In this case, there is no evidence of even an incidental burden on interstate commerce. The sole demonstrated effect of the zoning is that Wood Marine will not be able to discharge crushed limestone and other construction materials at its Harahan facility. There is no evidence that less of these materials will be shipped into Louisiana. Wood Marine complains only that it will not be the consignee or user. However, the "Commerce Clause protects the interstate market, not particular firms, from prohibitive or burdensome regulations." Exxon, 437 U.S. at 127-28, 98 S.Ct. at 2214-15. That alternative routes will have to be found for the interstate shipment of construction material into Louisiana does not establish the existence of a burden upon interstate commerce. "[I]nterstate commerce is not subjected to an impermissible burden simply because an otherwise valid regulation causes some business to shift from one interstate supplier to another." Id. at 127, 98 S.Ct. at 2214. The Supreme Court's holding in Exxon is dispositive. In that case, Exxon and other oil producers challenged, on Commerce Clause grounds, a Maryland statute that prohibited oil producers and refiners from owning and operating retail gas stations within the state. The Maryland statute drew no distinction between in-state and out-of-state independent dealers. The Court found no burden on interstate commerce. Id. Although certain firms were effectively excluded from the market, there was no demonstrable decrease in the flow of oil into the state, and the statute did not discriminate against out-of-state dealers. Id. at 126-27, 98 S.Ct. at 2214-15. Harahan's ordinance has not been shown to decrease the amount of construction materials brought to Louisiana, nor has it been shown to discriminate among shippers.
Louisiana law protects the flow of interstate commerce down the Mississippi. Local governments are permitted to zone only private uses of the batture that cannot affect the flow of interstate trade. If they comply with state law, local governments can affect only the local market structure. Their lawful actions will not implicate the national market or the Commerce Clause, because that Clause does not protect any particular structure or method of operation in a retail market. Id. at 127, 98 S.Ct. at 2214, citing Breard v. City of Alexandria, 341 U.S. 622, 71 S.Ct. 920, 95 L.Ed. 1233 (1951). The fact that Wood Marine has been excluded from the business of shipping construction materials does not, without more, implicate the Commerce Clause.
The constitutionality of the Harahan zoning ordinance is properly reviewed by the same standard we employ to review statutes enacted by state legislatures. Shelton v. City of College Station, 780 F.2d 475, 479 (5th Cir.) (en banc), cert. denied, 477 U.S. 905, 106 S.Ct. 3276, 91 L.Ed.2d 566 (1986). In general terms, the ordinance will be upheld unless "clearly arbitrary and unreasonable, having no substantial relation to the public health, safety, morals, or general welfare." Id. at 480, quoting Moore v. City of East Cleveland, 431 U.S. 494, 498 n. 6, 97 S.Ct. 1932, 1935 n. 6, 52 L.Ed.2d 531 (1977) (plurality opinion). Attacks against zoning ordinances under this test are rarely successful. Id. at 479. In today's case, the district court's analysis breaches this standard.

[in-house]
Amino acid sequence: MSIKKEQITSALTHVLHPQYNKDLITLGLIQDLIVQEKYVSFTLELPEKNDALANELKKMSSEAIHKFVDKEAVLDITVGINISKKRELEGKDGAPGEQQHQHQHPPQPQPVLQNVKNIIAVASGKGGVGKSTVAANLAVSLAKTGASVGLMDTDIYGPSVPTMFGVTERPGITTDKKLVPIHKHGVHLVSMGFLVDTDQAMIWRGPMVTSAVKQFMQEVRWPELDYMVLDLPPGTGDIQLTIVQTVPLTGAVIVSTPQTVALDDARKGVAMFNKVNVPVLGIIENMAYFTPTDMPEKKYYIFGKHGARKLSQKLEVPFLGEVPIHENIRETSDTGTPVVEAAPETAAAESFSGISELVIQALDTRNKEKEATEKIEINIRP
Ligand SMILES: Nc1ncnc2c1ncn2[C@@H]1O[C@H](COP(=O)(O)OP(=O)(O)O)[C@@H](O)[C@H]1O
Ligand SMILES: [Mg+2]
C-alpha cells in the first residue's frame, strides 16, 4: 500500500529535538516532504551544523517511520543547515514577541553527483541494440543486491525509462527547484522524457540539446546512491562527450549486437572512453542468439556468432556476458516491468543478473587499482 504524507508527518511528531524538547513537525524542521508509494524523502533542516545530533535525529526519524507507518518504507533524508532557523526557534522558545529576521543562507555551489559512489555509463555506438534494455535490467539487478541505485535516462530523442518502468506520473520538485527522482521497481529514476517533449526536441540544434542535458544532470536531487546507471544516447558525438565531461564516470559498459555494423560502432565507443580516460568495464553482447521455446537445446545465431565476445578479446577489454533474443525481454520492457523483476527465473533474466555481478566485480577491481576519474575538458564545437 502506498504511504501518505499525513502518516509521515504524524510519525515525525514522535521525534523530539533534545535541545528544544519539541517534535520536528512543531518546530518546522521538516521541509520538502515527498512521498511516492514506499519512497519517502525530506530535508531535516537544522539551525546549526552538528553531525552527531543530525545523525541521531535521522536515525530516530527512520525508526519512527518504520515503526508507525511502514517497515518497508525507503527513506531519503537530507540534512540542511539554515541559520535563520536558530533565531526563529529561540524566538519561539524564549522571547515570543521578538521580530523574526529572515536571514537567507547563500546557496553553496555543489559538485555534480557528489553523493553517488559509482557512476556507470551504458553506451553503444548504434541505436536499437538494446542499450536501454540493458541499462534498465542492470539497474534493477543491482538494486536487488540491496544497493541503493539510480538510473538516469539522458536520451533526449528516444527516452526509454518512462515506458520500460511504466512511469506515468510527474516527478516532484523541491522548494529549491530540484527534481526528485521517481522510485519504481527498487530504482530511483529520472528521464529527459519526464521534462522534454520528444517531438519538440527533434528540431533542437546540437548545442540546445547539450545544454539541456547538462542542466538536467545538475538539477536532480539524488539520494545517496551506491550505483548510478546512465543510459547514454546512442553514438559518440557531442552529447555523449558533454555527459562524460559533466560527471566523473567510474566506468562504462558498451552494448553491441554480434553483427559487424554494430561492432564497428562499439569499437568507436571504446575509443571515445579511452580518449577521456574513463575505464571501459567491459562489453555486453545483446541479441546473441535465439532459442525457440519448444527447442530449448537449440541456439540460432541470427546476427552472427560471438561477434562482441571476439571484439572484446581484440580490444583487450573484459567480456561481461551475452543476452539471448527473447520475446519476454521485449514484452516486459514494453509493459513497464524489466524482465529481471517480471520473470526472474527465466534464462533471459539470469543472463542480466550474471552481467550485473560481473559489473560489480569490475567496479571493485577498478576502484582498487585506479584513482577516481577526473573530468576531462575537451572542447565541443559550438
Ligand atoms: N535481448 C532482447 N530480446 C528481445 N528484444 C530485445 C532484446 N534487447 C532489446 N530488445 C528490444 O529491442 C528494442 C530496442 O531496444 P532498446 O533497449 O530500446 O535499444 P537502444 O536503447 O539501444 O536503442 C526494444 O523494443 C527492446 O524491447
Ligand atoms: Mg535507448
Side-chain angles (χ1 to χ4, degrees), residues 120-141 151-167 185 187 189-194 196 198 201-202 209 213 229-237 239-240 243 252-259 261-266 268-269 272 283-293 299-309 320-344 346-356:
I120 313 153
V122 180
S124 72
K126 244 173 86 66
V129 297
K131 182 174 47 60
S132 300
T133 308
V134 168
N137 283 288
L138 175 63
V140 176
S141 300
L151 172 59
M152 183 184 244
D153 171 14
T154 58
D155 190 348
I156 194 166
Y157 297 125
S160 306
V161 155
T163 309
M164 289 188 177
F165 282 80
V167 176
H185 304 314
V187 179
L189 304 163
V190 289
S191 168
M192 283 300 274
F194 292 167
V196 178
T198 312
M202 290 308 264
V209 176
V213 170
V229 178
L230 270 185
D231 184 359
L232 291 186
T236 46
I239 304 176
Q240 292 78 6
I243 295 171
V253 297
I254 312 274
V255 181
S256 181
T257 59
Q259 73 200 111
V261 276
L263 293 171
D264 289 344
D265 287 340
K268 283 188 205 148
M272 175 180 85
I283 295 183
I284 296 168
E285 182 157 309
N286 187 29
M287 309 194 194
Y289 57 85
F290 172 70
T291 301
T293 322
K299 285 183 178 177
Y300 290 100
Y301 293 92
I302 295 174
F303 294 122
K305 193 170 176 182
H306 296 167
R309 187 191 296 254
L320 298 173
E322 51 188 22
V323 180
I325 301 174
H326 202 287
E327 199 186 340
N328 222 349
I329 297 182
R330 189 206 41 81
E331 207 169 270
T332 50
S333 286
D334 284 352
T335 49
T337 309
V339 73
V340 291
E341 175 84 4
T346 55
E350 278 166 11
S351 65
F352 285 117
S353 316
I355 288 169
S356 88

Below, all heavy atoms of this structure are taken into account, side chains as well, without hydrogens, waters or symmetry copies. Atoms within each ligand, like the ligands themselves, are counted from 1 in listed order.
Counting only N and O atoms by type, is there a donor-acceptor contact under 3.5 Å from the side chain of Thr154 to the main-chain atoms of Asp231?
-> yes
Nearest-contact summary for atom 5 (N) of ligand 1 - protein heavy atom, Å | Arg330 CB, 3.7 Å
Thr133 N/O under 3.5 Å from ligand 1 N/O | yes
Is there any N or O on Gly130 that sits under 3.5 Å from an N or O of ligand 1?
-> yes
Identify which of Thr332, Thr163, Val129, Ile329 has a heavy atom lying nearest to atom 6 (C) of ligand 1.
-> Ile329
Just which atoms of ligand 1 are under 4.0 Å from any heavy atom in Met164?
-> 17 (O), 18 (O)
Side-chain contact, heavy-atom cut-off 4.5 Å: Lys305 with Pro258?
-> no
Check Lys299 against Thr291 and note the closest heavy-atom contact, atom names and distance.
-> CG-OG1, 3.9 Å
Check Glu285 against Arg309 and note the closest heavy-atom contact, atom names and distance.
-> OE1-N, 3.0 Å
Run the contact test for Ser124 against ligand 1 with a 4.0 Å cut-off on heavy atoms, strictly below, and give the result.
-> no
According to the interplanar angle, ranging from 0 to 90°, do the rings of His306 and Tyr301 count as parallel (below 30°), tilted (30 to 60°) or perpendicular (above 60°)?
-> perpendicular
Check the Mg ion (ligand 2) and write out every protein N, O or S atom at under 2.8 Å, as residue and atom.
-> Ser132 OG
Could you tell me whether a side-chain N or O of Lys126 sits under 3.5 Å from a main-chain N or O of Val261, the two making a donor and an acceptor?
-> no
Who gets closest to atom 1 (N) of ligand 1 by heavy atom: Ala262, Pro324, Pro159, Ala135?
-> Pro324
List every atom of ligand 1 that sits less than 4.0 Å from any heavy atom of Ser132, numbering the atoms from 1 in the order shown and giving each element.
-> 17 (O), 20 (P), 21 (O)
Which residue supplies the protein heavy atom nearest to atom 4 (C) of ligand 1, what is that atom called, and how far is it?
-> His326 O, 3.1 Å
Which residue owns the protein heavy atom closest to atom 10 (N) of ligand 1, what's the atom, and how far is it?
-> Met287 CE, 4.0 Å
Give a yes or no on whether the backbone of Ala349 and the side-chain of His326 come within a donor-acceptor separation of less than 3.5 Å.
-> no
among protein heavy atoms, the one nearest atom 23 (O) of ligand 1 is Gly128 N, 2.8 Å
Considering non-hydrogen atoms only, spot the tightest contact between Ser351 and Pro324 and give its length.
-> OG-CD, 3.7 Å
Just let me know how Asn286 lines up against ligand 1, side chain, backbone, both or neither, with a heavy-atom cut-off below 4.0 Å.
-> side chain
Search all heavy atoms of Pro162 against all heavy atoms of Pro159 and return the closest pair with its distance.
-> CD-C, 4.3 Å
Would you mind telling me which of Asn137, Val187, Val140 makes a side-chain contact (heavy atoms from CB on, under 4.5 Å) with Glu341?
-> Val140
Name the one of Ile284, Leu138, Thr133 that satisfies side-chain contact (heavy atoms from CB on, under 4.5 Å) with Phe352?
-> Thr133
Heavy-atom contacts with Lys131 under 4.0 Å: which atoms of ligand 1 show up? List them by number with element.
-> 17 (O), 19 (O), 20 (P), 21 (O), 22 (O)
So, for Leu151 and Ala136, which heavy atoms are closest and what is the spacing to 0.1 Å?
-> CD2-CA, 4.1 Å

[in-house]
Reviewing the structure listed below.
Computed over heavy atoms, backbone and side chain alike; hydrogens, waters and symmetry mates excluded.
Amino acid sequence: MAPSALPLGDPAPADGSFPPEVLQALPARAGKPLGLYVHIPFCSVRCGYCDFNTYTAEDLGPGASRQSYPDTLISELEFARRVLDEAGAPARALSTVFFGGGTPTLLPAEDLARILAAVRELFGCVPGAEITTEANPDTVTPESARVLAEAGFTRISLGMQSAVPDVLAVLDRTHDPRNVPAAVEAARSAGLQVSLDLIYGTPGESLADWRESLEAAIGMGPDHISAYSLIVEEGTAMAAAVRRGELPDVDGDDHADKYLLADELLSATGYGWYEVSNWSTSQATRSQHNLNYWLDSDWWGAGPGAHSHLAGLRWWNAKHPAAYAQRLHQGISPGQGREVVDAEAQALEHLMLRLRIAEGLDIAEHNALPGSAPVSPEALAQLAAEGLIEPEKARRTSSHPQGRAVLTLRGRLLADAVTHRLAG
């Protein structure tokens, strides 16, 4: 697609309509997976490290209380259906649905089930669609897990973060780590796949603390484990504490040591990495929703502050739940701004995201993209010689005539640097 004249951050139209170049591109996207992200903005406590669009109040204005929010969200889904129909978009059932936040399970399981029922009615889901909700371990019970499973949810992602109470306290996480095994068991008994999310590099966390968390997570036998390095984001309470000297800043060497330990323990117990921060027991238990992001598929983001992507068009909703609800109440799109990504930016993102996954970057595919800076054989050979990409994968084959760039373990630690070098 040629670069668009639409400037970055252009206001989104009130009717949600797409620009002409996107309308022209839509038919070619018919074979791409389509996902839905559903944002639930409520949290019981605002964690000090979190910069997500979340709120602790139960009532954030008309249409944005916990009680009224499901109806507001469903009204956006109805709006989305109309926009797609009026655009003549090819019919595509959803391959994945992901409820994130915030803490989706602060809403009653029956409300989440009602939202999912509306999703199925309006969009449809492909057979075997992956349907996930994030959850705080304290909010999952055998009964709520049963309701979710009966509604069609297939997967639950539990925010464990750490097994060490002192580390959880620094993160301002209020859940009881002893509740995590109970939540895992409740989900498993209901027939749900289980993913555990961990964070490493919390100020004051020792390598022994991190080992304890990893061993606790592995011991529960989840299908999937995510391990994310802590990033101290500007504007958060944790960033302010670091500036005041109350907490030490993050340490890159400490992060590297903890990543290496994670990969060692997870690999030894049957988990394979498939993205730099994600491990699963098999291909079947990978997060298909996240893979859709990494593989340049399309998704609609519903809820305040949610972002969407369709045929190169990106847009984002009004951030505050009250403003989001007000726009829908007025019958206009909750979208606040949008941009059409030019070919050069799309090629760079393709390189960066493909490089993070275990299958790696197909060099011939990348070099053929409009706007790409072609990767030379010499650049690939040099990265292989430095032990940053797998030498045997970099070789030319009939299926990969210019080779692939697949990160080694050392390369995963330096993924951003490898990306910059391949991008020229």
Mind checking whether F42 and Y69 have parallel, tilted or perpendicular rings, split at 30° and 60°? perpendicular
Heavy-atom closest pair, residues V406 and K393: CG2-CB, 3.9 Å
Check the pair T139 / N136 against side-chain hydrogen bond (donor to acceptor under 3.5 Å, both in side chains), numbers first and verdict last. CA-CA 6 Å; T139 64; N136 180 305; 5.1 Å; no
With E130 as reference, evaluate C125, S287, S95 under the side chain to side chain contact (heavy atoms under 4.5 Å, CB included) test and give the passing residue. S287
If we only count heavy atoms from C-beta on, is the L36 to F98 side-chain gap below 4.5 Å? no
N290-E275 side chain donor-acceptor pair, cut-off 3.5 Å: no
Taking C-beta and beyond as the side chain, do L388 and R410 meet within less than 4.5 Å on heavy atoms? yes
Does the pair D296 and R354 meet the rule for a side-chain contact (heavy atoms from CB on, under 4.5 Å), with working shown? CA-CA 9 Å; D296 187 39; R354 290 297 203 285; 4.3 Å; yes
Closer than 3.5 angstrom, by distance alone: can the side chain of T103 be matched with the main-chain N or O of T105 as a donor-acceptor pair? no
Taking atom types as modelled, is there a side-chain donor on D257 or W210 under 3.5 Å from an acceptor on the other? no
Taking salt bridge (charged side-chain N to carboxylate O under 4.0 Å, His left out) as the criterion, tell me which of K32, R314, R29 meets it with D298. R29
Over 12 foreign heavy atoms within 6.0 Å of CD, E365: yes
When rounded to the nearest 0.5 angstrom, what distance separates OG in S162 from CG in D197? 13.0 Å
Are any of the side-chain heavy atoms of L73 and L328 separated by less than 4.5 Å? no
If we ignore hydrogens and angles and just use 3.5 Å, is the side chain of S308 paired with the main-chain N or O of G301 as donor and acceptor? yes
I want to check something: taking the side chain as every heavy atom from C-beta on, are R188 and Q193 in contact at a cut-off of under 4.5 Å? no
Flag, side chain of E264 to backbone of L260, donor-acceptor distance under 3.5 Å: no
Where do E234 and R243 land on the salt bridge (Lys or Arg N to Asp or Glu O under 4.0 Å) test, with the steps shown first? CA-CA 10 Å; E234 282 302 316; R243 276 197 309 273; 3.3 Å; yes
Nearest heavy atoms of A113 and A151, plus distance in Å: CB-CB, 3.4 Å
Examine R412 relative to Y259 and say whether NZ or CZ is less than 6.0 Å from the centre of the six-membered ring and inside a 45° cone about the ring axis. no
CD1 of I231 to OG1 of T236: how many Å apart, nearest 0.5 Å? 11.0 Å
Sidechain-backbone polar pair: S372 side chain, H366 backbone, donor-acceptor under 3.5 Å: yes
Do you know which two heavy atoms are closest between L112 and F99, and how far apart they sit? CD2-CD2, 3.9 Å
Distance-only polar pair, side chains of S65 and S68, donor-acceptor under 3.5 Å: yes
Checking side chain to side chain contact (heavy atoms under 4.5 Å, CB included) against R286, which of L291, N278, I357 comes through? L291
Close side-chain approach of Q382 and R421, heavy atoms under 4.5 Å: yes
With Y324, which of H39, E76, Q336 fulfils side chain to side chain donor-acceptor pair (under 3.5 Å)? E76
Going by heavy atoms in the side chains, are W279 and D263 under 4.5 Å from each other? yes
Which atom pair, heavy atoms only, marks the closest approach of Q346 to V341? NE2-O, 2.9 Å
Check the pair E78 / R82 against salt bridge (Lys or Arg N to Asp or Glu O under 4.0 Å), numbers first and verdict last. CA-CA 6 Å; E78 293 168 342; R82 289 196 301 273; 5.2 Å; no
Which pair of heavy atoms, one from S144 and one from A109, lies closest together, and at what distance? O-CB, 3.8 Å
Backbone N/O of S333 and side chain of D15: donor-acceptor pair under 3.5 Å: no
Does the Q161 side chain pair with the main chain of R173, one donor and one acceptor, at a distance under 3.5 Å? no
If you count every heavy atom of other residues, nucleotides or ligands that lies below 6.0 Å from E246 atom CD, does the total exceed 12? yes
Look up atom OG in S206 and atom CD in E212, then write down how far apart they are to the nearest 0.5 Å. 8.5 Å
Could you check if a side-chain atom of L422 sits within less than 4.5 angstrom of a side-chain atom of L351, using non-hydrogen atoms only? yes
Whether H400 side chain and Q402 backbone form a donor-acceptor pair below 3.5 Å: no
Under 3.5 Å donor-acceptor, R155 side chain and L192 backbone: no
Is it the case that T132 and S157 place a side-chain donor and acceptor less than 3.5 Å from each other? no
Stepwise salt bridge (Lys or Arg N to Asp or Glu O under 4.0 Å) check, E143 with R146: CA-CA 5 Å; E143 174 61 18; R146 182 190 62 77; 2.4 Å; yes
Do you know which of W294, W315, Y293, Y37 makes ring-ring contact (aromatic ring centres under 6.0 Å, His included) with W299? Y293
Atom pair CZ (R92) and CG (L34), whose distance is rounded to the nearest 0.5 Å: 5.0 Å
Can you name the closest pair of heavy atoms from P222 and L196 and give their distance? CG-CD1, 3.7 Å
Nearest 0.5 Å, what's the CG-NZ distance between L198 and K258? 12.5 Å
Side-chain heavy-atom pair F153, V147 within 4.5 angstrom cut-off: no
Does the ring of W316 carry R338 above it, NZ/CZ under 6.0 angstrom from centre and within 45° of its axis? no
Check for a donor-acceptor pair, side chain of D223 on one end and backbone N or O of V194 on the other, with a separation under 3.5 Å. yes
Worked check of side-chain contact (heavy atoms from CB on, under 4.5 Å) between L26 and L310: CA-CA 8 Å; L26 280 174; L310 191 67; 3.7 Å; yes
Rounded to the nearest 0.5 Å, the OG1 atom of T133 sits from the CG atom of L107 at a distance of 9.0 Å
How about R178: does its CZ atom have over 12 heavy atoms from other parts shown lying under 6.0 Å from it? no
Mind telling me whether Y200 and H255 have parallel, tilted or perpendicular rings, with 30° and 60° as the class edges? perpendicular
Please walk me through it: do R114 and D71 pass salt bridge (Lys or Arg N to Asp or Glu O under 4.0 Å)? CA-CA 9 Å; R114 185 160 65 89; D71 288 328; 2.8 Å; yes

The district court concluded,
The court is ... sympathetic to the desire of Harahan to maintain the residential quality of the community which is located adjacent to this batture region. Nevertheless, Harahan can not arbitrarily and without reasonable circumspection zone this region so as to preclude operations which may or may not have the impact contemplated by the City. Quite simply, there is a lack of evidence that there is a legitimate local purpose inherent in the batture zoning ordinance, much less any evidence that the ordinance is even rationally related to achieving those ends.
As such, this Court has no option but to find that the batture ordinance is arbitrary and unreasonable in its operation to exclude Wood Marine's limestone operation.
The basis for this conclusion was the district court's finding that the city had produced no evidence to establish the efficacy of its ordinance. The district court erred in putting the city to this proof. Only under a Commerce Clause analysis, when interstate commerce is shown to be burdened, must a municipality substantiate its legitimate purposes. Raymond Motor Transp., Inc. v. Rice, 434 U.S. 429, 444-45, 98 S.Ct. 787, 795-96, 54 L.Ed.2d 664 (1978). Zoning is a legislative function entitled to great deference. Harahan was not required to prove the truth of the legislative facts upon which its zoning ordinance is based. Rather, it was Wood Marine's burden to "convince the court that the legislative facts on which the classification is apparently based could not reasonably be conceived to be true by the governmental decisionmakers." Shelton, 780 F.2d at 479, quoting Vance v. Bradley, 440 U.S. 93, 110-11, 99 S.Ct. 939, 949-50, 59 L.Ed.2d 171 (1979). Wood Marine also challenged the ordinance under the Louisiana law that authorizes zoning by municipalities. This law proscribes arbitrary and unreasonable zoning by municipalities. La.Stat.Ann. Sec. 33:4721. The challenge is governed by the same standard as for reviewing legislative rulemaking under the Constitution. Bossier City Medical Suite v. City of Bossier City, 483 F.Supp. 633, 647, 647 n. 30 (W.D.La.1980); Hernandez v. City of Lafayette, 399 So.2d 1179, 1181-83 (La.App.1981), appeal dism'd, 455 U.S. 901, 102 S.Ct. 1242, 71 L.Ed.2d 440 (1982).
The history of Harahan's zoning ordinance demonstrates that the Board of Aldermen reasonably concluded the curtailment of further commercial development of the batture would further the community's interest in maintaining the city's residential quality. Harahan was not required to outline the year of study and discussion that went into the ordinance for the court. The ordinance freezes private commercial development at its present stage, preserving the status quo and thus logically protecting Harahan's existing neighborhoods.
The decision of the lower court is reversed and the order granting permanent injunction is vacated.
REVERSED and injunction VACATED.